Don’t Give Up on Campaign Finance Reform—Scalia Can’t Stay on the Bench Forever

The law, lawyers, and the court.
Feb. 21 2013 11:49 AM

After Scalia

Don’t give up on campaign finance reform, however hopeless it seems now.

Supreme Court Justice Antonin Scalia testifying.
Supreme Court Justice Antonin Scalia

Photo by Reuters/Kevin Lamarque

Things look pretty bleak for those who want to limit the role of money in politics. This week, the Supreme Court agreed to hear a case which could make it harder for the government to limit individual contributions directly to candidates, and it may take yet another case which could allow corporations to give directly to candidates (going beyond the court’s decision in Citizens United allowing unlimited corporate independent spending to “independent” groups like super PACs).

While the president has talked a good game about fixing the broken public financing system for presidential campaigns, rewriting the disclosure rules to make them more effective, and repairing the Federal Election Commission, he has not done anything to actually further these goals. Indeed, he’s taking the unprecedented step of converting his campaign committee into a full-time political organization, open to taking unlimited sums from any American person, union, or corporation willing to contribute. Want access to the president’s policy people? Why not give $1 million to OFA (formerly “Obama for America” and now “Organizing for Action”)?

I suspect, especially given recent tweets by Obama advisor David Axelrod about how unlimited contributions to politicians don’t seem so bad, that despite the base-pleasing rhetoric about the need for campaign finance reform, the president and his strategists would be plenty happy with a system where candidates could take contributions from any source in any size, with only disclosure required.


Meanwhile, the FEC is in terrible shape. A few years ago in Slate I declared it “as good as dead” and things have only gotten worse. The three Republican commissioners are ideologically opposed to a working campaign-finance system, and often split with the three Democrats, paralyzing the agency.

Congress is no help. There is some inkling that some Republicans would trade a fix to the disclosure rules for lifting the caps on contributions to candidates, but it is not clear that congressional Democrats will go along.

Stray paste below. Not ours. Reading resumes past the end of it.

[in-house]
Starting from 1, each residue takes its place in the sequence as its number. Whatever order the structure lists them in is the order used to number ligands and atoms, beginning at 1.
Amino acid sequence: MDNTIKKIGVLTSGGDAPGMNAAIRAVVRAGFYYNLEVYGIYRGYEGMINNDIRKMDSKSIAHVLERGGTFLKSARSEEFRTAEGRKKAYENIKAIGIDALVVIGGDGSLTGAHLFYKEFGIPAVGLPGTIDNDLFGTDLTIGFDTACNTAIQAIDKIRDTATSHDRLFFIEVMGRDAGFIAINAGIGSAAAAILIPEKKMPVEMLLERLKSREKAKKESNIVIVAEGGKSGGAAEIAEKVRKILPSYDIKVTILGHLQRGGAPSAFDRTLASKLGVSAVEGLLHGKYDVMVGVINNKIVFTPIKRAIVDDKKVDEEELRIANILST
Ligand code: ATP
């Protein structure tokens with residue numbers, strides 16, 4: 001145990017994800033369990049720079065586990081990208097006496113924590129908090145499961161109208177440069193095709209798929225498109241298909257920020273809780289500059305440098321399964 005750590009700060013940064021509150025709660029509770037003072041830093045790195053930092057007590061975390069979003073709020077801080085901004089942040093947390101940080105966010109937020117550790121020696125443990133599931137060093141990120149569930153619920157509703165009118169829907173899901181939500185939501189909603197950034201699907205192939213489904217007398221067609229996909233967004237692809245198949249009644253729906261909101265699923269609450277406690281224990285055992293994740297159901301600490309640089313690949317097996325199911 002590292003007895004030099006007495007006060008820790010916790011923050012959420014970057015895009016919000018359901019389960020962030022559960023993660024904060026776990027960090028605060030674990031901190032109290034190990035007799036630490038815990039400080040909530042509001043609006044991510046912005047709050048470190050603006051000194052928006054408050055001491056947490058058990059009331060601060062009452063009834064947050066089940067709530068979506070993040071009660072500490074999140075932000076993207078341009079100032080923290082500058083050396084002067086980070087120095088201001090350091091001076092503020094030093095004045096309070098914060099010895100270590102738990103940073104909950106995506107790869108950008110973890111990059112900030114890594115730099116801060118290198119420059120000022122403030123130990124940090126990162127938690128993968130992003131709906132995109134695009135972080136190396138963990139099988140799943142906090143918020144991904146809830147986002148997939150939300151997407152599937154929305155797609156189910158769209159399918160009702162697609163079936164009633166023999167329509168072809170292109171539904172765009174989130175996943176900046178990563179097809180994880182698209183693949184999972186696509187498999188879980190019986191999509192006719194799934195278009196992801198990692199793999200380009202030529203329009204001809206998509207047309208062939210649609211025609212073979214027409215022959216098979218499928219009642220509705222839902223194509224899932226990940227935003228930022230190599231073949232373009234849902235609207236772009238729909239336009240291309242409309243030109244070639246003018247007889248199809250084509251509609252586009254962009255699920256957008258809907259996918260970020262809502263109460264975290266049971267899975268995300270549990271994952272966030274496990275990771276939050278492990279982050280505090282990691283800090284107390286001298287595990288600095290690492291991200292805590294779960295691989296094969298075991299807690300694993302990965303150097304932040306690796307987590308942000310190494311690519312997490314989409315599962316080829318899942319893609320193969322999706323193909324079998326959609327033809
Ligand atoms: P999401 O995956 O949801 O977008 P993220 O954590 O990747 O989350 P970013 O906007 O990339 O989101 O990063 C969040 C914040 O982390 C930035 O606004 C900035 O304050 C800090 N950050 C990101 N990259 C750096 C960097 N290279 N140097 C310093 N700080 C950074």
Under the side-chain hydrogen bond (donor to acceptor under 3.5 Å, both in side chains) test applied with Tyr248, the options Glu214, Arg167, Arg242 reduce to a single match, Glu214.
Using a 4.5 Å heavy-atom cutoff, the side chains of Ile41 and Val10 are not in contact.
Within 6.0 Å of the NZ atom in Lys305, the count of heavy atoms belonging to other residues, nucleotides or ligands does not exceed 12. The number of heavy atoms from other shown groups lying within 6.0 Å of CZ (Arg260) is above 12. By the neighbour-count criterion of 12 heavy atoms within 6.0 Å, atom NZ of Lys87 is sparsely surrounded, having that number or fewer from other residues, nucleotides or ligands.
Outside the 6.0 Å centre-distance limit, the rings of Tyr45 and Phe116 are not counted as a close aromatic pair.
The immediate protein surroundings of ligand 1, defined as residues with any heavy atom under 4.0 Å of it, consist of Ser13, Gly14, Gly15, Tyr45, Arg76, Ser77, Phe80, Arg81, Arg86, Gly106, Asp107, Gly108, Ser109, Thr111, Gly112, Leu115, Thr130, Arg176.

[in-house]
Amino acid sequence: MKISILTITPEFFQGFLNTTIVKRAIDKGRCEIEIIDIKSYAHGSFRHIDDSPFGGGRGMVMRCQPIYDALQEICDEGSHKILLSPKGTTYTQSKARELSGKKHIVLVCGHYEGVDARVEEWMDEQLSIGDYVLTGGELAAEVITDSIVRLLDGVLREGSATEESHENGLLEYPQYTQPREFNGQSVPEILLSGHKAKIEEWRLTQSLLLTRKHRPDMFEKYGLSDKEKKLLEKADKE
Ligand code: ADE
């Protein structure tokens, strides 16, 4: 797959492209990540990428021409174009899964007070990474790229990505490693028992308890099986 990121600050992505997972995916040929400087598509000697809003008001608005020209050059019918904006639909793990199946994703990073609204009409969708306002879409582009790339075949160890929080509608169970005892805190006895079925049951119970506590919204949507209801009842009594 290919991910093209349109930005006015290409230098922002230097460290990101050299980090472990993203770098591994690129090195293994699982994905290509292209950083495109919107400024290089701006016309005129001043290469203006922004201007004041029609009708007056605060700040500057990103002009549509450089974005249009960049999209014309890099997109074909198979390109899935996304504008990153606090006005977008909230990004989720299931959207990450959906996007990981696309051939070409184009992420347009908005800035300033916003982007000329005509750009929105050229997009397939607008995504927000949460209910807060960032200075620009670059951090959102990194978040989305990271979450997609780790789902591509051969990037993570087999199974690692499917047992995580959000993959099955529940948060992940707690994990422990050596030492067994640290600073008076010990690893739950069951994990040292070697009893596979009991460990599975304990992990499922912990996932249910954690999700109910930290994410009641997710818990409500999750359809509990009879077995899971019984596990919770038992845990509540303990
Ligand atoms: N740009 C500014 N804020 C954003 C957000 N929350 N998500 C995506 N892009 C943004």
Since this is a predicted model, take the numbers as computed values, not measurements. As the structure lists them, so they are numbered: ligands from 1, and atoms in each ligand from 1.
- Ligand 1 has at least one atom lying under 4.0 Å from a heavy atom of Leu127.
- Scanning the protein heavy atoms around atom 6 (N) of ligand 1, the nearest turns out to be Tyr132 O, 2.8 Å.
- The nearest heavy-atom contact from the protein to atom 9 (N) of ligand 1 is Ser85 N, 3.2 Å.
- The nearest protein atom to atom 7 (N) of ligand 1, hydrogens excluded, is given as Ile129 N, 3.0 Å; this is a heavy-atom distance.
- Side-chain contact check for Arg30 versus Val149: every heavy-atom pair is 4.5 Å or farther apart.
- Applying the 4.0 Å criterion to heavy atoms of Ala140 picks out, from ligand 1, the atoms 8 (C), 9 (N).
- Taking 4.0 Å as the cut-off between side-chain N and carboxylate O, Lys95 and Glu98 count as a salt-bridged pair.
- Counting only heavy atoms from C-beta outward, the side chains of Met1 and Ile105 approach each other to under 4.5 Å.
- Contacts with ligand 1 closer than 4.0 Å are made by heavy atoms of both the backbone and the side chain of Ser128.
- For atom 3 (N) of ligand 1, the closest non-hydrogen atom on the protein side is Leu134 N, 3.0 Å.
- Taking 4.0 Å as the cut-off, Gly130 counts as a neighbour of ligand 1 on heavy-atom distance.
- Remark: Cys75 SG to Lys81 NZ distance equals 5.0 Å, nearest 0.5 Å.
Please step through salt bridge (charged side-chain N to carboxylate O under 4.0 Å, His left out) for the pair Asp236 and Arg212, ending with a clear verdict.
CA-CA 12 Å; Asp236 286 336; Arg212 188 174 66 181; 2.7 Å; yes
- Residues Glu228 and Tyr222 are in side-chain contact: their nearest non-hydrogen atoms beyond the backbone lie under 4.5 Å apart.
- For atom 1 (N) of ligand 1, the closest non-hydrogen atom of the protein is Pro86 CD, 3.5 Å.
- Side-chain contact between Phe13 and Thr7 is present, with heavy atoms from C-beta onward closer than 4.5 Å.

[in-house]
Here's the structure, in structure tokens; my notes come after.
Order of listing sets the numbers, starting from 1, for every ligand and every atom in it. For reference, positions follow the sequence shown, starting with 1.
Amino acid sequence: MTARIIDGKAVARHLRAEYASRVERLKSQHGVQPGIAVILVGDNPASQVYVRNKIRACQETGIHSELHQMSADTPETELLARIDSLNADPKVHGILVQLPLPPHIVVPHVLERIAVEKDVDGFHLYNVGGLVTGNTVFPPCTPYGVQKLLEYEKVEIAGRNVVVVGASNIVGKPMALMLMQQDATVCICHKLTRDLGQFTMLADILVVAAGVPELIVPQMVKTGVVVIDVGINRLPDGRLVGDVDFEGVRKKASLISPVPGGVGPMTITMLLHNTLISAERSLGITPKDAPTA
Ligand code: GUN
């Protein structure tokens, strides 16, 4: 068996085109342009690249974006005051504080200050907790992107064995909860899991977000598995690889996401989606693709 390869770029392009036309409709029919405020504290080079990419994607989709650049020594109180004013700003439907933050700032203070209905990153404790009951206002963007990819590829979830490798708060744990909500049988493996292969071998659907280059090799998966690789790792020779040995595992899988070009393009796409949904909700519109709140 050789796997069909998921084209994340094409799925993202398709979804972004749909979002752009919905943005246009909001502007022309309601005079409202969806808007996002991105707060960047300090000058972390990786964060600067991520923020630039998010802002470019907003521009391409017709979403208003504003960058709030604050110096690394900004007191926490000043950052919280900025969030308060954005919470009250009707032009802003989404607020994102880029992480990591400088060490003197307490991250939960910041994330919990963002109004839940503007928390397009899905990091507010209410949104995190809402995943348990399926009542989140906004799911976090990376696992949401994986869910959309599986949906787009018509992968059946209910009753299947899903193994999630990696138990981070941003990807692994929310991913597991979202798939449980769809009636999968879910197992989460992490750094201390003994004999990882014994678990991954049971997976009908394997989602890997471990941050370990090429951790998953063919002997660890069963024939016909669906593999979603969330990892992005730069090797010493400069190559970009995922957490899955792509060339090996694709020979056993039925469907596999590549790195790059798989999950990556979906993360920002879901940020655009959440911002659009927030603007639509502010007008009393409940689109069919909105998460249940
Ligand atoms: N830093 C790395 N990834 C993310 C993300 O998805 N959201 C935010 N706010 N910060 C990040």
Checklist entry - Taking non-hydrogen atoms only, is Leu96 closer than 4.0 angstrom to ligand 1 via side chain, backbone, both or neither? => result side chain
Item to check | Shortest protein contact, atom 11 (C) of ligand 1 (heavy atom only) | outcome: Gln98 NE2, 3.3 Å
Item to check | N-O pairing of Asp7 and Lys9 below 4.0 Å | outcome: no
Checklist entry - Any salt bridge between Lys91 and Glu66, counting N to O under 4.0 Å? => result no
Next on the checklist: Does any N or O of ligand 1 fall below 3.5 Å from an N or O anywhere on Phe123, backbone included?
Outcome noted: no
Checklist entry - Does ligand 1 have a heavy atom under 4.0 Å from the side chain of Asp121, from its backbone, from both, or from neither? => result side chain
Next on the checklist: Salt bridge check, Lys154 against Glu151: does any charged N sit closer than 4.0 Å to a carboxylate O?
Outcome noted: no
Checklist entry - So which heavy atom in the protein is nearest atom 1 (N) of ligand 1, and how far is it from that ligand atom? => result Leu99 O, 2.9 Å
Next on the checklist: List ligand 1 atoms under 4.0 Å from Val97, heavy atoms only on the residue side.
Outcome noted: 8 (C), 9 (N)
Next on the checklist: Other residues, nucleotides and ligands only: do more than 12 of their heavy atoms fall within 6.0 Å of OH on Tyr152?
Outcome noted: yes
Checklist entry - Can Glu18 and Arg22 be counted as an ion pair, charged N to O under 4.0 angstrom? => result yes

And while there have been numerous proposals (including some from Members of Congress) to amend the Constitution to reverse Citizens United, they have virtually no chance of passing, which requires the approval of two-thirds of Congress and three-fourths of the states. And the proposals in any case could have unintended consequences, such as interfering with freedom of the press.

So maybe it is just time to give up on campaign finance reform, and move to a system of unregulated money, with instant disclosure. Sure, this raises the danger of corruption, of a quid pro quo of money for favors and votes. And that could cause the public to lose more faith in the integrity of our elected officials, and increase inequality in America, by giving the people with the biggest checkbooks unparalleled access to politicians and legislative sausage-making. But what alternative do we have?

The alternative is not to give up hope, and there is a small remaining glimmer that the Supreme Court could come to the rescue.

The Supreme Court’s approach to campaign finance made a 180-degree turn when Justice Sandra Day O’Connor left the bench in 2004 and was replaced by Justice Samuel Alito. While O’Connor was on the court, more and more tough reforms (including the far-reaching McCain-Feingold law) survived constitutional challenge. In the Alito era, the court has struck down or limited all the challenged campaign finance laws (aside from disclosure requirements) that have come before it.

But all of these rulings were 5-4. It is clear that the four liberal-moderate justices—Ginsburg, Breyer, Sotomayor, and Kagan, all appointed by Democratic presidents—still think Congress has the power to limit campaign money.

Two of the five conservative justices appointed by Republican presidents, Anthony Kennedy and Antonin Scalia, are both in their mid-70s. The odds are that within the next decade, at least one of them will leave the court. We don’t know that for sure, but it seems fairly likely. If a Democratic president is in office when the next conservative justice retires, and picks a liberal to replace him, there’s a chance that the court could do another 180.

It is kind of odd to say that the easiest way to change the meaning of the Constitution is not by constitutional amendment or constitutional convention but by changing one member of the Supreme Court. But in the realm of campaign finance, as in so many ideologically driven cases, conservative and liberal justices simply have different worldviews and balance the competing interests differently.

Campaign reformers need to keep the pressure on in order to plan for the next Supreme Court. They should think more about what a reasonable campaign finance regime would look like. Conservatives are absolutely right that campaign finance laws can boost incumbents and stifle political competition. And rules that distinguish media-owning corporations from other companies, for purposes of speaking about candidates, are under increasing pressure in the Internet era.

The key is to design a system that prevents corruption, promotes public confidence, avoids legislative conflicts of interest, and promote political equality, all without squelching First Amendment rights. It is not an easy task. Now is the time for thinking all of this through—and for defending what remains of federal campaign finance laws in the courts. The time for action will come later, we can hope.



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